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The CARE Plus study - a whole-system intervention to improve quality of life of primary care patients with multimorbidity in areas of high socioeconomic deprivation: exploratory cluster randomised controlled trial and cost-utility analysis.

BMC Med; 14(1): 88, 2016 Jun 22.
Artigo em Inglês | MEDLINE | ID: mdl-27328975

BACKGROUND:

Multimorbidity is common in deprived communities and reduces quality of life. Our aim was to evaluate a whole-system primary care-based complex intervention, called CARE Plus, to improve quality of life in multimorbid patients living in areas of very high deprivation.

METHODS:

We used a phase 2 exploratory cluster randomised controlled trial with eight general practices in Glasgow in very deprived areas that involved multimorbid patients aged 30-65 years. The intervention comprised structured longer consultations, relationship continuity, practitioner support, and self-management support. Control practices continued treatment as usual. Primary outcomes were quality of life (EQ-5D-5L utility scores) and well-being (W-BQ12; 3 domains). Cost-effectiveness from a health service perspective, engagement, and retention were assessed. Recruitment and baseline measurements occurred prior to randomisation. Blinding post-randomisation was not possible but outcome measurement and analysis were masked. Analyses were by intention to treat.

RESULTS:

Of 76 eligible practices contacted, 12 accepted, and eight were selected, randomised and participated for the duration of the trial. Of 225 eligible patients, 152 (68 %) participated and 67/76 (88 %) in each arm completed the 12-month assessment. Two patients died in the control group. CARE Plus significantly improved one domain of well-being (negative well-being), with an effect size of 0.33 (95 % confidence interval [CI] 0.11-0.55) at 12 months (p = 0.0036). Positive well-being, energy, and general well-being (the combined score of the three components) were not significantly influenced by the intervention at 12 months. EQ-5D-5L area under the curve over the 12 months was higher in the CARE Plus group (p = 0.002). The incremental cost in the CARE Plus group was £929 (95 % CI: £86-£1788) per participant with a gain in quality-adjusted life years of 0.076 (95 % CI: 0.028-0.124) over the 12 months of the trial, resulting in a cost-effectiveness ratio of £12,224 per quality-adjusted life year gained. Modelling suggested that cost-effectiveness would continue.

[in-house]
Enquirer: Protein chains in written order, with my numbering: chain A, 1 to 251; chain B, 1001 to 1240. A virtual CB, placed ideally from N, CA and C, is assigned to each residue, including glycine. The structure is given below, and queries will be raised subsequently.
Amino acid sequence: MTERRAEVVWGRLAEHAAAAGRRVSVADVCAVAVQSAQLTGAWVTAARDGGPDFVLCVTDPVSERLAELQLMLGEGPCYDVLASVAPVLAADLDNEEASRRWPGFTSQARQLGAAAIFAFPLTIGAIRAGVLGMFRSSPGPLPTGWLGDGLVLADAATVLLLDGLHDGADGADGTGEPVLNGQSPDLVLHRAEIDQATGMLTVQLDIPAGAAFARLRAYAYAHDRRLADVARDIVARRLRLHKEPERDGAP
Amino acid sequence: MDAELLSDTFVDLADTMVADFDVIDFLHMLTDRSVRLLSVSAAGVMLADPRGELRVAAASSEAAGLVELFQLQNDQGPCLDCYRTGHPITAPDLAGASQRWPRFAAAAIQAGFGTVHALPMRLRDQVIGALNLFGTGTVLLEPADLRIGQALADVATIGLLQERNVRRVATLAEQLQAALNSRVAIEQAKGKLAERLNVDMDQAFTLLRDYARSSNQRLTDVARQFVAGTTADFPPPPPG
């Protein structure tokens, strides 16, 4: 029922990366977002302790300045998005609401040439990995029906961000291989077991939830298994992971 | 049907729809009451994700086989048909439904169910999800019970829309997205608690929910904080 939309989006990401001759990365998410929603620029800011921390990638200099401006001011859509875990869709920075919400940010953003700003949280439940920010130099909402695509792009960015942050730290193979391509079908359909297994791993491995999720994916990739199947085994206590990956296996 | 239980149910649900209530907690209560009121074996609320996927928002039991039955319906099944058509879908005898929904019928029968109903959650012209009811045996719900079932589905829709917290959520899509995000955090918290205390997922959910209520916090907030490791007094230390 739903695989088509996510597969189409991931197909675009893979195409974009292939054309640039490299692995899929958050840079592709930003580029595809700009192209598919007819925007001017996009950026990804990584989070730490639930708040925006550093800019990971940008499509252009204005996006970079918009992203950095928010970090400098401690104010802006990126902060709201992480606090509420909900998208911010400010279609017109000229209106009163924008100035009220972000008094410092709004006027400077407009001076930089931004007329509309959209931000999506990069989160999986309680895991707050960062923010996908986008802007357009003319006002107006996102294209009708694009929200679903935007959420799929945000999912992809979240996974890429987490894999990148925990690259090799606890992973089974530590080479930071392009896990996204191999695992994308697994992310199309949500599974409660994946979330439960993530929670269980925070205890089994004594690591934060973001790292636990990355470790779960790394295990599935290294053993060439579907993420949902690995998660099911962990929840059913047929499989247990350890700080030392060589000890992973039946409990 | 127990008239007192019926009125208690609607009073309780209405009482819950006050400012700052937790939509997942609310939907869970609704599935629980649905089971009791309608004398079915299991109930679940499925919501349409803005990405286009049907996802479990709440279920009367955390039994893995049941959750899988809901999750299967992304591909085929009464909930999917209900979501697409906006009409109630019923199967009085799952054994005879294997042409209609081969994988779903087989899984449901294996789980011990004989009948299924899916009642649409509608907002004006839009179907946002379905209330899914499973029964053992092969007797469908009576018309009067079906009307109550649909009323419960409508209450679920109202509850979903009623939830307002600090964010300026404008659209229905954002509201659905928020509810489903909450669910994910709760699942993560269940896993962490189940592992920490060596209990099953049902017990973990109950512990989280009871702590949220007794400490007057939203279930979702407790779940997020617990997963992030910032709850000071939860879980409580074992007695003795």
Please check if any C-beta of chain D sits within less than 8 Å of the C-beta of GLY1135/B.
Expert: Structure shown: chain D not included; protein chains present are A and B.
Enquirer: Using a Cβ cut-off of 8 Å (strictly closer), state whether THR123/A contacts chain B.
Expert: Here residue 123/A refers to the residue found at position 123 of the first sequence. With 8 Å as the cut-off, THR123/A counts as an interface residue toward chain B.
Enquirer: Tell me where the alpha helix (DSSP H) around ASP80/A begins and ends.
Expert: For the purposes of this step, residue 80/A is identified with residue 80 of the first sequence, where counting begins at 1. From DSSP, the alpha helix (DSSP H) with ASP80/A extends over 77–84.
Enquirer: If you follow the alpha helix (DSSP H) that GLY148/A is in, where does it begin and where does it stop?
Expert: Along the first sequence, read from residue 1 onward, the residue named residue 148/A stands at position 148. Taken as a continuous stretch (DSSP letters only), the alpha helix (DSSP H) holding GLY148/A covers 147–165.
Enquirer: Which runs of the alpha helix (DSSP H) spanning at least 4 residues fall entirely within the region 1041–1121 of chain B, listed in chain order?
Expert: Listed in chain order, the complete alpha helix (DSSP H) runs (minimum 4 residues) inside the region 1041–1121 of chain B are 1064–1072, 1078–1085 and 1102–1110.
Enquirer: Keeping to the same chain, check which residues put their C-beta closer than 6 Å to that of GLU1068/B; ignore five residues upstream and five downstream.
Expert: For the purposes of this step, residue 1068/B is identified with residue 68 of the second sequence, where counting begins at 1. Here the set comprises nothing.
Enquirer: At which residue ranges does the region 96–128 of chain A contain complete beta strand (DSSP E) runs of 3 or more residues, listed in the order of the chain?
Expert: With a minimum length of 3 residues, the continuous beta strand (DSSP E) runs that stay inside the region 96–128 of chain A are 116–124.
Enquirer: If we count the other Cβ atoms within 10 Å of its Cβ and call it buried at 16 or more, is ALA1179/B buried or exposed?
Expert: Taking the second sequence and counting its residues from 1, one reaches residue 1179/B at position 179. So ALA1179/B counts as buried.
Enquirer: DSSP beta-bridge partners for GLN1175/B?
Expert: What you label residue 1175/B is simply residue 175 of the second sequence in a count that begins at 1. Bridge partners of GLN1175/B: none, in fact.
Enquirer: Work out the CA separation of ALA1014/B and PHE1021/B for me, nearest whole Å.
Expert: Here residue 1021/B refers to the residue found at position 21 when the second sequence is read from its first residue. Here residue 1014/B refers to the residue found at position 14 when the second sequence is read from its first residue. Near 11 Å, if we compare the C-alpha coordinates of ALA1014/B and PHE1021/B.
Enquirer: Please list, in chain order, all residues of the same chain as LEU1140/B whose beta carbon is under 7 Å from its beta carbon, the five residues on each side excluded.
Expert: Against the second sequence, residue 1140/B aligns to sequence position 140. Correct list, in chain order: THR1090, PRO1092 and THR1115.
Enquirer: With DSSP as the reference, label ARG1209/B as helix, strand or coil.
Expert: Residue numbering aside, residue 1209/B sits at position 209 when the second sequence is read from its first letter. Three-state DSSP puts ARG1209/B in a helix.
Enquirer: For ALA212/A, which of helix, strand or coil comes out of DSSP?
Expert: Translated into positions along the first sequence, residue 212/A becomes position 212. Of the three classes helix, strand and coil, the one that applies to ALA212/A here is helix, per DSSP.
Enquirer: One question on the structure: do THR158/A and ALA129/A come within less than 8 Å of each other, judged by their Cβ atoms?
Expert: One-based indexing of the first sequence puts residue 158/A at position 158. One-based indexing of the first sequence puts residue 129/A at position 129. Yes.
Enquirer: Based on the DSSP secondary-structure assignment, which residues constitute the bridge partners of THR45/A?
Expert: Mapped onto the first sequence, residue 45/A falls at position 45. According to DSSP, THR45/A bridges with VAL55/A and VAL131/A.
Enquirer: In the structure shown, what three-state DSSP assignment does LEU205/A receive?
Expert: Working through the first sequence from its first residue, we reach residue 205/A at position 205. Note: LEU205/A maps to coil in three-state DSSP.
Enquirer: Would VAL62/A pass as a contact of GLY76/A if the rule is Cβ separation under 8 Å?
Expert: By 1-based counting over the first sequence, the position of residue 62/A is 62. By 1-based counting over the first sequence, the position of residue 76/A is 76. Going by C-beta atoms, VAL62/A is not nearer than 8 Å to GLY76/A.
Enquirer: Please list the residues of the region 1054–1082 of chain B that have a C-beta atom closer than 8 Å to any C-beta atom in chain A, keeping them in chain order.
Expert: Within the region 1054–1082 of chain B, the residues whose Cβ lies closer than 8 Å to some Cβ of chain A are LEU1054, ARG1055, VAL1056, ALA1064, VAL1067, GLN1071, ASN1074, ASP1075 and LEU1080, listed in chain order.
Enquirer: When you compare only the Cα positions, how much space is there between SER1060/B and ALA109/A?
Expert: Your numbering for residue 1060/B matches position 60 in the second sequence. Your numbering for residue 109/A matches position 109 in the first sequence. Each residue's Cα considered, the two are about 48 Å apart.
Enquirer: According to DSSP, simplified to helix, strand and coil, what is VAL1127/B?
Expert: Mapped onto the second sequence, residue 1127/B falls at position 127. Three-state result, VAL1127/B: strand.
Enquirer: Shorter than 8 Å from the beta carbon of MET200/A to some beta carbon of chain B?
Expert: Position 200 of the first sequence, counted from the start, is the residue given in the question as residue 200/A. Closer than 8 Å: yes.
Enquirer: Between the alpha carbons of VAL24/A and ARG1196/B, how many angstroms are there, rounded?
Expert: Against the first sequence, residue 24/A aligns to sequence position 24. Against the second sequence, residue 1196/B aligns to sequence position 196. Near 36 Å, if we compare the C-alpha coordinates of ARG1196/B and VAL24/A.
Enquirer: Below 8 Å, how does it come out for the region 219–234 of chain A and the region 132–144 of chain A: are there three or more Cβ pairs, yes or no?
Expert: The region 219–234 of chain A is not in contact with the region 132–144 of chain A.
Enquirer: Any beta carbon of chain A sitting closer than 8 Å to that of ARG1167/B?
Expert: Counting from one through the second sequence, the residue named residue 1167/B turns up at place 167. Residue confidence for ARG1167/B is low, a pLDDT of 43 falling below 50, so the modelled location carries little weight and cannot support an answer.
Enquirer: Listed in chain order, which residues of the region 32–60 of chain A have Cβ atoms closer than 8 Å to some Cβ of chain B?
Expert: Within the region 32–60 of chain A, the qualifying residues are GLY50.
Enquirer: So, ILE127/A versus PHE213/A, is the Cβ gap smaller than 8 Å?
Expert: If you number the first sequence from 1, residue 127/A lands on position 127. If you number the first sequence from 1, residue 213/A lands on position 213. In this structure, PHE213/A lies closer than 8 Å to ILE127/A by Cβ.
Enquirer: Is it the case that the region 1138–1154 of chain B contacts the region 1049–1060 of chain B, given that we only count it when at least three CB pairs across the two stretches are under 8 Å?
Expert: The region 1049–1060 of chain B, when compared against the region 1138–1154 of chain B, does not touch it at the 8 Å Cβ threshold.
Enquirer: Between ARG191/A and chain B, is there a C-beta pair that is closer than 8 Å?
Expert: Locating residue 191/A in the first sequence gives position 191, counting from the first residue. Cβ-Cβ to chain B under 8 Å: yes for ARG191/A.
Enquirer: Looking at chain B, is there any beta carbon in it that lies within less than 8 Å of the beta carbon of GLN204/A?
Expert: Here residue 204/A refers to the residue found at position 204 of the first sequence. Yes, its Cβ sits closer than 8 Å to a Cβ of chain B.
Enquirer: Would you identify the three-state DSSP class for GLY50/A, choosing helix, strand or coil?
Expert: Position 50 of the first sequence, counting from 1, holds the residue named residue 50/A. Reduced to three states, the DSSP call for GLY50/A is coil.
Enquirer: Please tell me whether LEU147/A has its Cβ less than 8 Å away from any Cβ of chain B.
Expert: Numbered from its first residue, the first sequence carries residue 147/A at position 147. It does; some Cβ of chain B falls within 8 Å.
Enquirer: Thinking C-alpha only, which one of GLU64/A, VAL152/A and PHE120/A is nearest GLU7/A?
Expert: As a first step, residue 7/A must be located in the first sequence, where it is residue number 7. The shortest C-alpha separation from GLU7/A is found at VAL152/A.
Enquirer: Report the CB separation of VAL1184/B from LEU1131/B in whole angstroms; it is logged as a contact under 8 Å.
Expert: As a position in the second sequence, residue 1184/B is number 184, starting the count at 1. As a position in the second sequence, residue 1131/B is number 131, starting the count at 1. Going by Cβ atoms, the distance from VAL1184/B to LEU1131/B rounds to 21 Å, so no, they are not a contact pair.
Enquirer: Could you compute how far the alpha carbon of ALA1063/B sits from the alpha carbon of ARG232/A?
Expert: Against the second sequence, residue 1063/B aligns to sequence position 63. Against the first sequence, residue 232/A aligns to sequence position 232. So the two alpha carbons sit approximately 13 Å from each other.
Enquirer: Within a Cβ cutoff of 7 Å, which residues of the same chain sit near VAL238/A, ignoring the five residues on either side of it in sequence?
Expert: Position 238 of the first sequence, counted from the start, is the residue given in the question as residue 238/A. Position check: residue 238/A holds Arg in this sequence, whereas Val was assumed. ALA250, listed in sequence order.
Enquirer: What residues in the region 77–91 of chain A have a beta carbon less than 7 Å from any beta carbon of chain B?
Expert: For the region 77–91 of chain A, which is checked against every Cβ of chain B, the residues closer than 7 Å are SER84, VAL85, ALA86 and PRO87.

CONCLUSIONS:

It is feasible to conduct a high-quality cluster randomised control trial of a complex intervention with multimorbid patients in primary care in areas of very high deprivation. Enhancing primary care through a whole-system approach may be a cost-effective way to protect quality of life for multimorbid patients in deprived areas.TRIAL REGISTRATION: ISRCTN 34092919 , assigned 14/1/2013.